Consider TD funds

Each of the big banks offers a dazzling array of mutual funds and you can find some good ones in every line-up. But for across-the-board quality and consistency, I feel that RBC and TD (Toronto Dominion) rank at the head of the class, by a fairly wide margin.

In the case of RBC (Royal Bank) funds, investors clearly recognize a good thing when they see it. The RBC group is the largest stand-alone fund family in Canada, with over $47 billion in assets as of the end of December.

Somewhat surprisingly, however, TD Funds are more than $10 billion behind and don’t even rank as number two among the banks (CIBC has that honour). Well folks, I have to say that you’re missing a good bet here. TD offers a wide range of good funds, across all categories. You can easily build a well-diversified portfolio without ever straying anywhere else.

Check before you buy
Before you plunge in, however, be aware that there are often several different ways to buy the same core TD fund. The original funds are no-load but there are others that are sold only by commission and some which have management expense ratios (MER) that I consider excessive. If you choose theight TD fund but use the wrong purchase option, your return could be reduced considerably. Here is a quick buying guide to the four main types of TD funds on offer.

Investor Series. The “I” units are no-load and are the preferred choice. These are the ones you should be offered if you walk into your local TD bank branch and ask to buy some funds for your RRSP.

Advisor Series. The company offers an “Advisor” series, designated by the letter “A”. These are sold through financial advisors on a commission basis, with front-end, back-end, and low-load options. You’ll be charged a higher MER (with a corresponding reduction in return) if you buy units in this way. For example, the MER on the no-load version of the TD Dividend Income Fund is 2.02 per cent. The “A” series units of the same fund have a 2.31 per cent MER. That means the return from the “A” units will normally be about a quarter-point less than from the comparable “I” units.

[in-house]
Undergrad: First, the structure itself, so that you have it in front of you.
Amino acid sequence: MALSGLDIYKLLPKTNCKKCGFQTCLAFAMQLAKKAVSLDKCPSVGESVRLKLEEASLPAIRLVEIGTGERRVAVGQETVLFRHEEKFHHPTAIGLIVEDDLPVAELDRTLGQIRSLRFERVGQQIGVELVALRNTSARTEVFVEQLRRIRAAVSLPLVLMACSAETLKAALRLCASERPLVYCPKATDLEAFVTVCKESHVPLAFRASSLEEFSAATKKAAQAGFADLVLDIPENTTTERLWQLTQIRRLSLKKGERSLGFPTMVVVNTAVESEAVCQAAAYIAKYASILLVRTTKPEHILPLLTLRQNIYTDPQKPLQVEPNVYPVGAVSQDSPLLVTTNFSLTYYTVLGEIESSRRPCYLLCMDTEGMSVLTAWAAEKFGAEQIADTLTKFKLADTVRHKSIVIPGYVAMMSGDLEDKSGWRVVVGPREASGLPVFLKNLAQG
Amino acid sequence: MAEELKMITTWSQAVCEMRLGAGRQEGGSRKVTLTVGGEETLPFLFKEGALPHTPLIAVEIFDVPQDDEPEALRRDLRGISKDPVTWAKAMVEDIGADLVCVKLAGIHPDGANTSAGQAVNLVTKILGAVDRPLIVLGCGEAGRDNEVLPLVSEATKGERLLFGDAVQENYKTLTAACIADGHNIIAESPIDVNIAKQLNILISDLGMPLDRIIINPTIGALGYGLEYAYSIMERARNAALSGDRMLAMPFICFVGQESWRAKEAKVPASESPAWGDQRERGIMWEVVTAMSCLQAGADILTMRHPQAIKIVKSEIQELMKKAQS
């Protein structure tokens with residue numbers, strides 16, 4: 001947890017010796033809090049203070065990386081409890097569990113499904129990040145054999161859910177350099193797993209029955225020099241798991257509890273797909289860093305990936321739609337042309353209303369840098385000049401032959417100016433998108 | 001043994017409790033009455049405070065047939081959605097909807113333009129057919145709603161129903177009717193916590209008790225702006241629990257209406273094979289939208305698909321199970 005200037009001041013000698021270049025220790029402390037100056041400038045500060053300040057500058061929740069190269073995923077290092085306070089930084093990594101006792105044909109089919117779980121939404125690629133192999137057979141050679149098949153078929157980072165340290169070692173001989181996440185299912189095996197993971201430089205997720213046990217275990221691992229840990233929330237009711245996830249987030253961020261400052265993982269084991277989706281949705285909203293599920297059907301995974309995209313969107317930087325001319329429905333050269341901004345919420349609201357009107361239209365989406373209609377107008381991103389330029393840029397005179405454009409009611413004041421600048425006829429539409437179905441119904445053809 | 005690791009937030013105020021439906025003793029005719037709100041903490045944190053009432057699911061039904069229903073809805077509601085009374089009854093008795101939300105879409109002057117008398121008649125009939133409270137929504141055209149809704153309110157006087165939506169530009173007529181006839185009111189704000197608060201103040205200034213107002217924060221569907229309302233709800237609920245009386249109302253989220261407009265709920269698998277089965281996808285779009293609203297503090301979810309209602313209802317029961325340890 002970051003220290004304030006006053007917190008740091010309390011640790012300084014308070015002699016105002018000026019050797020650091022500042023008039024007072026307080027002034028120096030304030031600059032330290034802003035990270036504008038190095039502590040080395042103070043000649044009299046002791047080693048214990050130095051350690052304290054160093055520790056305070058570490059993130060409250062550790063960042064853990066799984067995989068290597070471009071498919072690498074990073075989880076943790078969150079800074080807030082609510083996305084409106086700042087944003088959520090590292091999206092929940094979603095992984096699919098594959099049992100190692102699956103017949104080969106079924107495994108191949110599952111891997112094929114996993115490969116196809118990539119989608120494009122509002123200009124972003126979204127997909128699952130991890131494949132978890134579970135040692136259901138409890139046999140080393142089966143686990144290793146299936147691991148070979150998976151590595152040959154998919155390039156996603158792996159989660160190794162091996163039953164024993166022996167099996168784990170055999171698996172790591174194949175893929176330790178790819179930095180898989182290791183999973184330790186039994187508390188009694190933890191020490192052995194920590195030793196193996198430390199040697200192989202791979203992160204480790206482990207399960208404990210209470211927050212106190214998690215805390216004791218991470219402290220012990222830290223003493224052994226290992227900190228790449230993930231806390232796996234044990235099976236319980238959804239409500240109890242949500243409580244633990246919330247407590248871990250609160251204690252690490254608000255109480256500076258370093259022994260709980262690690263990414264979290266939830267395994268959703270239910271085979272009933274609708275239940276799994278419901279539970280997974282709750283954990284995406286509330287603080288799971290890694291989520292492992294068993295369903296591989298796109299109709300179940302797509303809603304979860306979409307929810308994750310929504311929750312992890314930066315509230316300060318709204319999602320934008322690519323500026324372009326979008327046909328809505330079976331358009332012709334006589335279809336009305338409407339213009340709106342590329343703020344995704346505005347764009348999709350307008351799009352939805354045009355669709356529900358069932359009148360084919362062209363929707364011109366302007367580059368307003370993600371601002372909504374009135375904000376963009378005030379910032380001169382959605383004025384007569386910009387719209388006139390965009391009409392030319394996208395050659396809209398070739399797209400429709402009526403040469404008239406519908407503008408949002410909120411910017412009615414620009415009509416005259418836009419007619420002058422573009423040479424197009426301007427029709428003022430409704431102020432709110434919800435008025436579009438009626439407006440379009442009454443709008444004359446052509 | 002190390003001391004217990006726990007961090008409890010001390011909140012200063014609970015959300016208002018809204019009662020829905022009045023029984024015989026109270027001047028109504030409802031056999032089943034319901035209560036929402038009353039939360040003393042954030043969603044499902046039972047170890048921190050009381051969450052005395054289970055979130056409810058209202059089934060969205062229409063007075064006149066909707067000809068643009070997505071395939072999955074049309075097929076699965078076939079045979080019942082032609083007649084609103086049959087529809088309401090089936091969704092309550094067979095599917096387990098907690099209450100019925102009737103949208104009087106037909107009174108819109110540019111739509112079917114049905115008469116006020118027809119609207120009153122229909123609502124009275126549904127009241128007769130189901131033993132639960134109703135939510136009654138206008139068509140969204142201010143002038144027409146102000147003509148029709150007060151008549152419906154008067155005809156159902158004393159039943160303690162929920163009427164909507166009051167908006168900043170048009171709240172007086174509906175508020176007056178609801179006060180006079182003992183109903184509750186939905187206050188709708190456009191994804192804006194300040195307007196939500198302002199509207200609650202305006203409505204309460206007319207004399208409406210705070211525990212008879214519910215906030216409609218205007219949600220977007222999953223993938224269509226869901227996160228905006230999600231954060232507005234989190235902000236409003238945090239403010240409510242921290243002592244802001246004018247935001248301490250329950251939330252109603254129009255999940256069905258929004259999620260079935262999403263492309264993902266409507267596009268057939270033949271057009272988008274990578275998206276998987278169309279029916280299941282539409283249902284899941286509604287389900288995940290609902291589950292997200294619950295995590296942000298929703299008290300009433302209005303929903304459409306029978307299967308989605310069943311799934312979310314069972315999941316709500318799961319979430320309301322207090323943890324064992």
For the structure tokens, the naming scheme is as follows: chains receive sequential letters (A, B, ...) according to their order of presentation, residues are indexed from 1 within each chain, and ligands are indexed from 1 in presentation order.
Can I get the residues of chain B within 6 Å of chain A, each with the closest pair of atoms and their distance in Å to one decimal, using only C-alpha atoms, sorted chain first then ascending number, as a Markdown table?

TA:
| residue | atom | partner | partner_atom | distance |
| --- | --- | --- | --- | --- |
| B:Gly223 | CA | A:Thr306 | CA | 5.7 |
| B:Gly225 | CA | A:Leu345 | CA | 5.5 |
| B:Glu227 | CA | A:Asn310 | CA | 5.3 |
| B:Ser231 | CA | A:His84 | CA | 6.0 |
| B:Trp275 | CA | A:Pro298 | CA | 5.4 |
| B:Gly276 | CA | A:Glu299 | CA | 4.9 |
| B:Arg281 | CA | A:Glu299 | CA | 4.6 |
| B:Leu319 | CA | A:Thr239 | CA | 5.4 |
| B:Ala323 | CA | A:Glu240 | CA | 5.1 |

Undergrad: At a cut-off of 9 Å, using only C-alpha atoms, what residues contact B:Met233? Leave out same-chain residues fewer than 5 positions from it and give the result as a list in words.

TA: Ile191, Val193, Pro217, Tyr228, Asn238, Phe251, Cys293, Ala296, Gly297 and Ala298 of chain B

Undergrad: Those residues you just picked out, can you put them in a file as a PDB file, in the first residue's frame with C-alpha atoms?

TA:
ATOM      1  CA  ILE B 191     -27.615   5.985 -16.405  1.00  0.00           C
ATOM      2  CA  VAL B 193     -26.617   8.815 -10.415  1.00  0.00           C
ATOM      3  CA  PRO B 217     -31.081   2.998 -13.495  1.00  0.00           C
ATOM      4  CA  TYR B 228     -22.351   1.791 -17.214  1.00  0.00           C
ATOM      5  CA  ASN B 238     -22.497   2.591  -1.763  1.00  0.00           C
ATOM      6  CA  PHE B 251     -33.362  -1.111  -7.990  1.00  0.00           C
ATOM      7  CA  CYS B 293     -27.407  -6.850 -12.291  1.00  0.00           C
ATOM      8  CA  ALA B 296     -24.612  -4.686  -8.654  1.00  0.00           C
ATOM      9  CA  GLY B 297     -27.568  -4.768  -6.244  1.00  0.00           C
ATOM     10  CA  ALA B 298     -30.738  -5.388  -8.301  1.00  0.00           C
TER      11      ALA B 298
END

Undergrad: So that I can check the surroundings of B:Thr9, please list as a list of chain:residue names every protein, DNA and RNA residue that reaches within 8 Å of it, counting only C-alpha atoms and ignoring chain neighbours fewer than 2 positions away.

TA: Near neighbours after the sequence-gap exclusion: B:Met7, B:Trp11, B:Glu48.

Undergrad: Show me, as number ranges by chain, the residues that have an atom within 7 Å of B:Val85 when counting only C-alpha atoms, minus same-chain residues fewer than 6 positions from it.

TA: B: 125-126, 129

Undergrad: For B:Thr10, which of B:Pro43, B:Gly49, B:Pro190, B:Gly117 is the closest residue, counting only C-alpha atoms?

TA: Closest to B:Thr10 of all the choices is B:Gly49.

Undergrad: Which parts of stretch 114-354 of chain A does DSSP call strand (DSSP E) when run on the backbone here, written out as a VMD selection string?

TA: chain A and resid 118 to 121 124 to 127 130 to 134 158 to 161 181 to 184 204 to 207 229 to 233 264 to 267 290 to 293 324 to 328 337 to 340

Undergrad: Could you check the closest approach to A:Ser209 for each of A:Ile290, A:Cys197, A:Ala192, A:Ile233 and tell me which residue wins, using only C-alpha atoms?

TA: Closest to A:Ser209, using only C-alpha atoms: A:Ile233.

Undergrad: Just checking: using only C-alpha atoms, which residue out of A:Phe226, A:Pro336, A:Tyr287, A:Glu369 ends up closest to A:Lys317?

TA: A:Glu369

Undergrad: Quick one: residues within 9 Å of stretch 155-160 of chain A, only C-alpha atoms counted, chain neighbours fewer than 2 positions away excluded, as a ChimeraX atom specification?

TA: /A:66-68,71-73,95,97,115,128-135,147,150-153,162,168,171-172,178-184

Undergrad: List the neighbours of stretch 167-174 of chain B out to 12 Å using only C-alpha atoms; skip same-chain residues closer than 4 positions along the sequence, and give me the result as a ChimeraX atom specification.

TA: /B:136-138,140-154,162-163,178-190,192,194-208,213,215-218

GIF Series. These are segregated funds offered in partnership with Manulife Financial. They come with a variety of bells and whistles, including guarantees, but you pay a very high price for those extras – in some cases the MER exceeds 5 per cent. As a rule, I do not advise going this route. To see the impact of the high MER on these units, take a look at the TD Canadian Bond Fund. The “I” units, with an MER of 1.07 per cent, showed a three-year average annual compound rate of return of 8.2 per cent to the end of January. The GIF II units, with a 2.49 per cent MER, returned 6.7 per cent annually during the same period. That’s a tremendous discrepancy. And why do you need guarantees on a bond fund anyway? It’s a waste of money!

On-line Units. This is TD’s bargain basement and you’ll find some terrific values here if you are willing and able to do your fund investing on-line. They’re called “e” units and are available only for Internet purchase. They are not only no-load but they also have a much lower MER. For example, “I” units of the TD Dow Jones Average Fund carry an MER of 0.89 per cent. However, the “e” units have an MER of 0.32 per cent. The difference goes straight to the bottom line, enhancing your returns accordingly. Several index funds are now available with the “e” option so take advantage of it.